W. Frank Dell II
BrainTrust

Early on we were sold the bill of goods that it was eyeballs as the internet advertising measure of choice, like impressions as the measure for television commercials. Fact is, we learned that unless the eyeballs or impressions are the target consumers, it is a waste of time and money. Having a large number of internet friends means nothing. A follower can easily have more friends than a leader or decision driver. It may work in a small universe, but will fail over time.

Cathy Hotka
BrainTrust

Here we have yet another company that has artificially inflated prices to Brobdingnagian levels ($40 for a tee shirt? Really?) and then wants customers to jump through hoops to get a “discount” on that merchandise. Where do these ideas come from?

Paul Lakeman
Guest
Paul Lakeman
5 years 20 days ago

I don’t I like this; seems like bribery. If I want to big up a brand or business that I really like, I don’t need to be bribed. Pre-specified message! No way — I say what I want to say. A shill, plant or stooge is a person who helps a person or organization without disclosing that he or she has a close relationship with that person or organization! (Wikipedia) If a brand needs to pay people to talk about them, then to me it says they have nothing decent to talk about. I find this vulgar rather than volga. Who do they think they are fooling?

gordon arnold
Guest
5 years 20 days ago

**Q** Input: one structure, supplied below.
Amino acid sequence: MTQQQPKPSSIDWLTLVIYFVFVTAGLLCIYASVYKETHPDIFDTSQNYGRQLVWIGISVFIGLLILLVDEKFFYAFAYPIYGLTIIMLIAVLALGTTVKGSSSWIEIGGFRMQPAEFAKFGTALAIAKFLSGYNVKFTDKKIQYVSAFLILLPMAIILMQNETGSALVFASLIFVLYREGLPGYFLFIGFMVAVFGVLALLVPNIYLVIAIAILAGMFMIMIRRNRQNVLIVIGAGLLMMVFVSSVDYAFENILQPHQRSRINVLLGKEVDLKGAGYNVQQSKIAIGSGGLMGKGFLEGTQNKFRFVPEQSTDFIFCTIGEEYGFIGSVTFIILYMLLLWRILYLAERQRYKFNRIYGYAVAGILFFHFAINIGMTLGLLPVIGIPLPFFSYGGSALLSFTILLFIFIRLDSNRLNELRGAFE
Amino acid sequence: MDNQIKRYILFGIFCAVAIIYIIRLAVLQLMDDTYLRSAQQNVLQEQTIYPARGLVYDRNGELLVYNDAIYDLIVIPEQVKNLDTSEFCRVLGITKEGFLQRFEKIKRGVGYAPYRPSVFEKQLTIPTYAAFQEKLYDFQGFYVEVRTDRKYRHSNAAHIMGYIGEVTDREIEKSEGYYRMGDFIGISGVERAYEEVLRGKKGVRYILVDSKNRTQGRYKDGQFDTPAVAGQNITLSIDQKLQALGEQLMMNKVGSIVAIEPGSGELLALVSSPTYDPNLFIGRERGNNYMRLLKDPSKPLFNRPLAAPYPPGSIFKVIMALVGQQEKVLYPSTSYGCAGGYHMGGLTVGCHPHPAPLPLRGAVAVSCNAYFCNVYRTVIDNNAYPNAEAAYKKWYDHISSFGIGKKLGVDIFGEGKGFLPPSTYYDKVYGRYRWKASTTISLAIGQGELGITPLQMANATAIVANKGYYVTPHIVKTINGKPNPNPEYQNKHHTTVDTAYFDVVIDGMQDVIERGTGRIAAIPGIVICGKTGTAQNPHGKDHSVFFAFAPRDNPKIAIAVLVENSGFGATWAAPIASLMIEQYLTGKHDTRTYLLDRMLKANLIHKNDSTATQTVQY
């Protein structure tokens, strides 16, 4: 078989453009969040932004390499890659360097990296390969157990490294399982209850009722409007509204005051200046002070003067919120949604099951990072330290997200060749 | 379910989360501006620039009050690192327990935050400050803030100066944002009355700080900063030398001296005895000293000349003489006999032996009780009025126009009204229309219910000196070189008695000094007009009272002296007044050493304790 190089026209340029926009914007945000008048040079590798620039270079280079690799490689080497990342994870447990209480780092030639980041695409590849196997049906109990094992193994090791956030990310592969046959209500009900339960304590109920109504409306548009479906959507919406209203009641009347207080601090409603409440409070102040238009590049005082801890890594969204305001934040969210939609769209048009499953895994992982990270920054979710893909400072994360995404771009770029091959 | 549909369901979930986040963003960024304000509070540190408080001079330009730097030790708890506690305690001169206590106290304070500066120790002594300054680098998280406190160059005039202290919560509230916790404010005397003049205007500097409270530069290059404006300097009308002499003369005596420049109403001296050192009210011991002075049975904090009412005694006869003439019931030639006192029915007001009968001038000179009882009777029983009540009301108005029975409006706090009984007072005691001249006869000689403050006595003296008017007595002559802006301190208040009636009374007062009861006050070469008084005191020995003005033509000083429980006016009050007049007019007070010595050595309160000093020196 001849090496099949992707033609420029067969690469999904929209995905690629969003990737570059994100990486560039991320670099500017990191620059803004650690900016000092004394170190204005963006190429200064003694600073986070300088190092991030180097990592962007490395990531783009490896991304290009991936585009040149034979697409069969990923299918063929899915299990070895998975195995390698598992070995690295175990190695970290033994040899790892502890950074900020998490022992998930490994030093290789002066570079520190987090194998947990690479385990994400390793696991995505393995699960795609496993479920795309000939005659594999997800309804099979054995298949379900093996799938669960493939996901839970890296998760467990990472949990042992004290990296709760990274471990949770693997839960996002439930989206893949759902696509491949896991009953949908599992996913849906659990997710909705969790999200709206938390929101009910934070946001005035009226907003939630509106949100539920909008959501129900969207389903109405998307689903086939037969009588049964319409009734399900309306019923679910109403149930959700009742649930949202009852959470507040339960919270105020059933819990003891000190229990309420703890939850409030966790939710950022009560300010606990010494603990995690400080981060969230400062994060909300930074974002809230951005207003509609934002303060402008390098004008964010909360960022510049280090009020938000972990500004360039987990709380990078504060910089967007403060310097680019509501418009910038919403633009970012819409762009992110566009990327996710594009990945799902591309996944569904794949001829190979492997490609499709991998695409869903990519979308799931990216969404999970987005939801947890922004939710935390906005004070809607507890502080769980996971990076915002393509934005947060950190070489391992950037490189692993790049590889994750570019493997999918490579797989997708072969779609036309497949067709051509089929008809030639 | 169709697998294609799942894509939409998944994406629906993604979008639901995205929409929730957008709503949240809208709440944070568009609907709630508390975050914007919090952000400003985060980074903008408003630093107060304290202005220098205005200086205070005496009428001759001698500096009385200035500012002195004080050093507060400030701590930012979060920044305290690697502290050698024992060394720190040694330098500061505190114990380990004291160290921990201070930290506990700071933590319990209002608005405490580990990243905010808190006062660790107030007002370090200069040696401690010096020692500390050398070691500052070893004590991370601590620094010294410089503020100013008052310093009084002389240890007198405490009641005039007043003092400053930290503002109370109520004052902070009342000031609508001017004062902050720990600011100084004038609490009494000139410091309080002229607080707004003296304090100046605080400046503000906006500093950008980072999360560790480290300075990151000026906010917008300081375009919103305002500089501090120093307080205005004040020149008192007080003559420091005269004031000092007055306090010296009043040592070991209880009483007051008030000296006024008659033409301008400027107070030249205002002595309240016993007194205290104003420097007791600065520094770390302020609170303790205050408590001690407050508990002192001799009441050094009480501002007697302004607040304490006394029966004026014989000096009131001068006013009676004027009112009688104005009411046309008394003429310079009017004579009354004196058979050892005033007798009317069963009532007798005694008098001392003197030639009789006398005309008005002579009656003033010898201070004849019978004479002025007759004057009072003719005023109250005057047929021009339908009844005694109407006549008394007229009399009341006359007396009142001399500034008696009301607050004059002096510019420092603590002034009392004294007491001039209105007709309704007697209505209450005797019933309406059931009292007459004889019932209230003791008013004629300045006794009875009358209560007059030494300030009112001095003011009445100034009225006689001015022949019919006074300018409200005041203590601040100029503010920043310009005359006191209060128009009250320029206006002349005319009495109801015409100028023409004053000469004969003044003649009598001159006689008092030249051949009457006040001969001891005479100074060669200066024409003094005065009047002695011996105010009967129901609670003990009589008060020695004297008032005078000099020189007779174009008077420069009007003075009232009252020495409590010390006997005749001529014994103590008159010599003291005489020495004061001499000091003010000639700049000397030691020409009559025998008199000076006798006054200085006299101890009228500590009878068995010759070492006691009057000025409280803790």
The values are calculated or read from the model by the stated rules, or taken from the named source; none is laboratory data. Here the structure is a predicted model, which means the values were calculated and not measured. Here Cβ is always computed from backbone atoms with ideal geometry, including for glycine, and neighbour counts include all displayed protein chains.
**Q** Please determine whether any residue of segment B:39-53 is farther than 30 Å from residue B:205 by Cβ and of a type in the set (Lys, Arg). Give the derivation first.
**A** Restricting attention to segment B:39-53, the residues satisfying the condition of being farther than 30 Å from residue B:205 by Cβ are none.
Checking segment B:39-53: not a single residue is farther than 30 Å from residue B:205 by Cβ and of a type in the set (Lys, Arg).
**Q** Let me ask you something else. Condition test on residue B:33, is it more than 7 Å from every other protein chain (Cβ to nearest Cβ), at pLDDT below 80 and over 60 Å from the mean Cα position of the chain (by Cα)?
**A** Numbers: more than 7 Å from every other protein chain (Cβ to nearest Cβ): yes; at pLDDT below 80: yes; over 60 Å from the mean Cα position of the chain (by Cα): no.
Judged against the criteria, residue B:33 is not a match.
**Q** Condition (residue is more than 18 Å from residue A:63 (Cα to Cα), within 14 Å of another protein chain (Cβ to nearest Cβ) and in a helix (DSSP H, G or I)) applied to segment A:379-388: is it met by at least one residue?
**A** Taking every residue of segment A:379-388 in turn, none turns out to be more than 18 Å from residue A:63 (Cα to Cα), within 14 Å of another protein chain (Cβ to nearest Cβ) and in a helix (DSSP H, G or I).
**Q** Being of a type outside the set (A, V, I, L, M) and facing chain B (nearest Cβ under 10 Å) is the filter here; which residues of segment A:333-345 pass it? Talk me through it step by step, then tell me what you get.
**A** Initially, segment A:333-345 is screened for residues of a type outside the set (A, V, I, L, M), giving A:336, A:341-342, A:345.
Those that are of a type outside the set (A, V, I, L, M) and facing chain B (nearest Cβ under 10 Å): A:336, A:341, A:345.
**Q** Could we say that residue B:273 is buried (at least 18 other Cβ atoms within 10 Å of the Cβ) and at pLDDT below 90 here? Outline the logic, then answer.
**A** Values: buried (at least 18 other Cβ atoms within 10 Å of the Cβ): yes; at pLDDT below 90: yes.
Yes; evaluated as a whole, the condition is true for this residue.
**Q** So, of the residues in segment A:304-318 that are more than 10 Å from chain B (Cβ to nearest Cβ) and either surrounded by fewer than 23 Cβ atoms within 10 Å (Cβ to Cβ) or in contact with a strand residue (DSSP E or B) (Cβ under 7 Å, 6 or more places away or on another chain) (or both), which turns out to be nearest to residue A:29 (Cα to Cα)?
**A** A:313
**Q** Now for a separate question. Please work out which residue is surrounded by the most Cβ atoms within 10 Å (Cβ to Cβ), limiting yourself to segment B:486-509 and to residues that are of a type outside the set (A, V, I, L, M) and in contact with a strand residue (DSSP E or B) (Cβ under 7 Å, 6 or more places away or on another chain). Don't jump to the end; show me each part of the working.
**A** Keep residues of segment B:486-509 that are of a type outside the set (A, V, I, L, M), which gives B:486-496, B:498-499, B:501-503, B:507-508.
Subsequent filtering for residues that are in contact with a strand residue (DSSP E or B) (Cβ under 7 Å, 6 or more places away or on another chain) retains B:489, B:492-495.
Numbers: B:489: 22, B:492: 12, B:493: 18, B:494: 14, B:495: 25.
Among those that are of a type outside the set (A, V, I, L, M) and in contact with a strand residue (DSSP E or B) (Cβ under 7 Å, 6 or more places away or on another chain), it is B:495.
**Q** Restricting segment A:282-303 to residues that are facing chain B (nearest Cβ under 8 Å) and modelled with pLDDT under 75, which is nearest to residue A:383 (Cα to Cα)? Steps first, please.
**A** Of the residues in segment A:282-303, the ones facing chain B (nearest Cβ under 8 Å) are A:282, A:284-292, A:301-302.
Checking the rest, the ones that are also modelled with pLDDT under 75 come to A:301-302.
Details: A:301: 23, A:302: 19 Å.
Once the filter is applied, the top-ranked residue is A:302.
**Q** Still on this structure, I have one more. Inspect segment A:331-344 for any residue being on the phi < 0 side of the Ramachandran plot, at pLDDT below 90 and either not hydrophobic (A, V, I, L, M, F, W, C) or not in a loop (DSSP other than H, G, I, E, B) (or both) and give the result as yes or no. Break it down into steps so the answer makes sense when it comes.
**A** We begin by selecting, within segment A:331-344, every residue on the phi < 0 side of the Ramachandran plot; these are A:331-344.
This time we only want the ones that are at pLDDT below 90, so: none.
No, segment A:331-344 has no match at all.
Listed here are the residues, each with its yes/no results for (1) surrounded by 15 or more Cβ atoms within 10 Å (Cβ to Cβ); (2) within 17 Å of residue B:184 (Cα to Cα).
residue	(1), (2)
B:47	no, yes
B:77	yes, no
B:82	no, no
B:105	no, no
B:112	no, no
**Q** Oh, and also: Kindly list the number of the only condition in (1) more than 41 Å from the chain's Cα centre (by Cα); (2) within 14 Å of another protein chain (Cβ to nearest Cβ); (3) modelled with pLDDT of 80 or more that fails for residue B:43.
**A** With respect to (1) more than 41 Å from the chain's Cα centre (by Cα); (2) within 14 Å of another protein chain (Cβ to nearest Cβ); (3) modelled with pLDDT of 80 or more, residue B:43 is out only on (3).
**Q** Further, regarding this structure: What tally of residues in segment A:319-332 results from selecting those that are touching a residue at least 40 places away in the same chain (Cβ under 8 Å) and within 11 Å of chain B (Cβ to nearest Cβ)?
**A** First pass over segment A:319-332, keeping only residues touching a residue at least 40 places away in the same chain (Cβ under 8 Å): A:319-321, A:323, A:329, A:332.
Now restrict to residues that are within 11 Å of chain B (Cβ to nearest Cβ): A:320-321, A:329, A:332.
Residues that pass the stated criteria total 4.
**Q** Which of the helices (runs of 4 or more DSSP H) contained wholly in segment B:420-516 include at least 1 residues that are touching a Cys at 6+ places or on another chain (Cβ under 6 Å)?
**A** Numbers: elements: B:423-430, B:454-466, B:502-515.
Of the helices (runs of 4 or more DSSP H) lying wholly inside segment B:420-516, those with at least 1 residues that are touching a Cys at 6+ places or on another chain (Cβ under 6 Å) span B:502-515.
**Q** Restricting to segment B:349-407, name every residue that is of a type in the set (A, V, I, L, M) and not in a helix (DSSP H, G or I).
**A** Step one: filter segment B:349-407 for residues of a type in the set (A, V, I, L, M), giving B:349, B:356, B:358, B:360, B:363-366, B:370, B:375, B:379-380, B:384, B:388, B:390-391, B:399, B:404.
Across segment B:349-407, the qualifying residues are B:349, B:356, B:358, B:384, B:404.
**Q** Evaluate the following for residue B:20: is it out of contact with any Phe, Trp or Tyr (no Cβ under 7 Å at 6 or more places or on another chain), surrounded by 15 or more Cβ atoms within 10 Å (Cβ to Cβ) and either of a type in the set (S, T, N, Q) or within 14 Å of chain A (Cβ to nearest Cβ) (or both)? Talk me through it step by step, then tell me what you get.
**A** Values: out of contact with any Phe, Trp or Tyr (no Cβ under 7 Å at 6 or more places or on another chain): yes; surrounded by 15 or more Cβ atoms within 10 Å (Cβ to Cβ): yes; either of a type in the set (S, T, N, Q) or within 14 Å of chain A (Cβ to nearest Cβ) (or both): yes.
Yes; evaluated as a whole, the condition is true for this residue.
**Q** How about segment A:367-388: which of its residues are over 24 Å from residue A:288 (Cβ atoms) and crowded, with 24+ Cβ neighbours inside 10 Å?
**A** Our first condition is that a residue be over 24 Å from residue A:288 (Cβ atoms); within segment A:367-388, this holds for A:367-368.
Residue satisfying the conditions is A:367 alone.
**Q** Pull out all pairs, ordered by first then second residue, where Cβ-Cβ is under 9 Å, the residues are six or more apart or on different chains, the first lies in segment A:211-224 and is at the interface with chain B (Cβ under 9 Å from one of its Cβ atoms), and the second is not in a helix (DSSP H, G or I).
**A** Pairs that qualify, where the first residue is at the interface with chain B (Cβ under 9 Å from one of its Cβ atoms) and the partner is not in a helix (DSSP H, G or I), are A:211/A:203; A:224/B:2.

My concern for this effort is not so obvious. Could it be that they are buying into a market that has little or no capability for return on investment? It is my observation that the participants in social media venues with the most friends need a lot of time to keep and maintain the coveted friends list. This time is available simply because they are at the present unemployed, or only working part time. This sort of prospect will be low yielding for maintainable upscale sales.

Paul lakeman
Guest
Paul lakeman
5 years 20 days ago

What a poor example of a company trying to leverage social media. Start by charging more than the product should be, then offer a discount — only if you say what we want you to say to your friends. Progressive fashion crowd vibrant color joy! Dream on.

Doug Fleener
BrainTrust

Great … now my friends and family can spam me on Facebook, Twitter, etc. There’s a huge difference between authentic advocacy and bribery, and it is pretty clear what this one is.